North America 1519: Cortés’ expedition to Mexico
In 1518 and 1519 the Spanish colonies of Cuba and Santiago (Jamaica) sent expeditions to explore the Gulf of Mexico, establishing its extent and discovering the Aztec Empire. In late 1518 Governor Velázquez of Cuba gave the magistrate Hernán Cortés command of a follow-up expedition to secure a foothold on the mainland, but the ambitious Cortés soon broke away from Velázquez’s authority, gathering over 500 adventurers to join him. Sailing to Mexico, he established the town of Villa Rica de la Vera Cruz (Veracruz) on the coast of the Aztec Empire in April 1519.
Jan–?? 1518 Grijalva’s first expedition▲
In January 1518 Velázquez de Cuéllar, the Spanish governor of Cuba, sent his 28-year-old nephew Juan de Grijalva on an expedition to explore the lands recently discovered by Francisco Hernández de Córdoba. With four ships and over two hundred men, Grijalva sighted Cozumel island on the east coast of the Yucatán Peninsula in May, before traveling west to defeat the Maya of Chakán Putum in battle, discover the land of Tabasco, and briefly visit the previously-unknown Aztec Empire in June. Grijalva then continued north as far as Cabo Rojo before returning to Cuba, where he was reprimanded for not establishing any colonies.
18 Nov 1518–22 Apr 1519 Cortés’ expedition to Mexico▲
In October 1518 Governor Velázquez of Cuba appointed the 34-year-old magistrate Hernán Cortés to lead an expedition to secure a foothold in Mexico. Cortés quickly mustered seven ships and more than 300 volunteers, leaving Santiago de Cuba in November in the face of Velázquez’s alarmed attempts to recall and replace him. Traveling to western Cuba, Cortés gathered more followers—11 vessels, 530 troops, 50 sailors, 16 horses, and 14 large artillery in total—before proceeding to Yucatán and then westwards along the coast. In April 1519 he landed on the mainland near the island of San Juan de Ullúa, where he was greeted by the local Totonac people, subjects of the Aztec Empire.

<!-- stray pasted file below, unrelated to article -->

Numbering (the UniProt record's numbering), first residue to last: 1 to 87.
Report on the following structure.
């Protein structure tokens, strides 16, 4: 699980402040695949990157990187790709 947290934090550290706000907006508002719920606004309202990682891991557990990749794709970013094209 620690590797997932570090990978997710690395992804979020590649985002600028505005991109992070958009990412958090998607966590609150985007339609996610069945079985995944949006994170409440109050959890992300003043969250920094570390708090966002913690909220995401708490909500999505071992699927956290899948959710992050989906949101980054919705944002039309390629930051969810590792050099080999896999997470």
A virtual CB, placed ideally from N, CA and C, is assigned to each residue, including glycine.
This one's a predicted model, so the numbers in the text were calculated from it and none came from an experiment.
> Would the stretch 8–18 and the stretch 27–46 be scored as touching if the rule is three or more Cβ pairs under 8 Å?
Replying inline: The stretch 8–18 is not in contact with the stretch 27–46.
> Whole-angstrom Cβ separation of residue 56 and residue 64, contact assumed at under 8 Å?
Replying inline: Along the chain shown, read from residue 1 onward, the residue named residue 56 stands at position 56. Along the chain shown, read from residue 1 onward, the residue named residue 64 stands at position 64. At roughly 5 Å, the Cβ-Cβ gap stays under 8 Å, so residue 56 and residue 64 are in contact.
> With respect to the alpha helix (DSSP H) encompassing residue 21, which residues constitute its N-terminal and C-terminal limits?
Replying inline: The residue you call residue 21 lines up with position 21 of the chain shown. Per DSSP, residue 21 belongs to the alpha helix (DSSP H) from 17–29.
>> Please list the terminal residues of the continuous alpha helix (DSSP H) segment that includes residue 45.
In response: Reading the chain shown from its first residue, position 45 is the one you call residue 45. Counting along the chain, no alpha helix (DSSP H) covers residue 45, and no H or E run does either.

Dec 1518–May 1519 Hispaniola Smallpox Epidemic▲
In December 1518 smallpox was noticed among the African slaves working in the mines of Hispaniola; the disease soon spread to the island’s indigenous Taíno population, who had no natural immunity. By May 1519 up to a third of Hispaniola’s Taíno had died from smallpox and the epidemic was already raging in the neighboring islands of Cuba and Puerto Rico.
25 Mar 1519 Santa María de la Victoria▲
In March 1519 Hernán Cortés landed outside the Chontal Maya town of Potonchán, where he located a ship that had become separated from his fleet during an earlier storm. When negotiations broke down, the Spaniards used their horses and artillery to defeat the Maya at the Battle of Centla, destroying Potonchán and founding the village of Santa María de la Victoria in its place. As tribute, the Maya gave Cortés a number of slaves, including a woman, Malinche, who would soon become his translator and counselor (and later gave birth to his first son). Shortly after Cortés left, the Maya besieged Santa María de la Victoria; it would remain in a precarious situation until the Spanish conquest of Tabasco in 1528–37.
Mar 1519–Jan 1520 De Pineda’s expedition▲
In March 1519 Alonso Álvarez de Pineda, financed by Governor Francisco de Garay of Santiago (Jamaica), set sail for Florida with four ships and 270 men. Pushed west by winds, de Pineda explored the mouth of a great and deep river—either the Mississippi or Mobile Bay and the Alabama River—before traveling along the coast from Texas to central Mexico. When he arrived in Veracruz, Hernán Cortés—who had arrived shortly beforehand—threatened him with arrest. De Pineda fled north to Huastec country, where he and all but 60 of his crew were massacred just before a relief expedition reached them in early 1520.
22 Apr 1519 Foundation of Veracruz▲
Landing in Totonac land, part of the Aztec Empire, on Good Friday 1519, Hernán Cortés founded a settlement of palm huts as Villa Rica de la Vera Cruz (literally “Rich Town of the True Cross”). He then resigned as captain general of his expedition and established himself as mayor of the new town—a series of legal maneuvers which allowed Cortés to cut ties with Velázquez’s government in Cuba and report directly to the Spanish king. Villa Rica de la Vera Cruz would soon become known as Veracruz, Mexico’s most important port.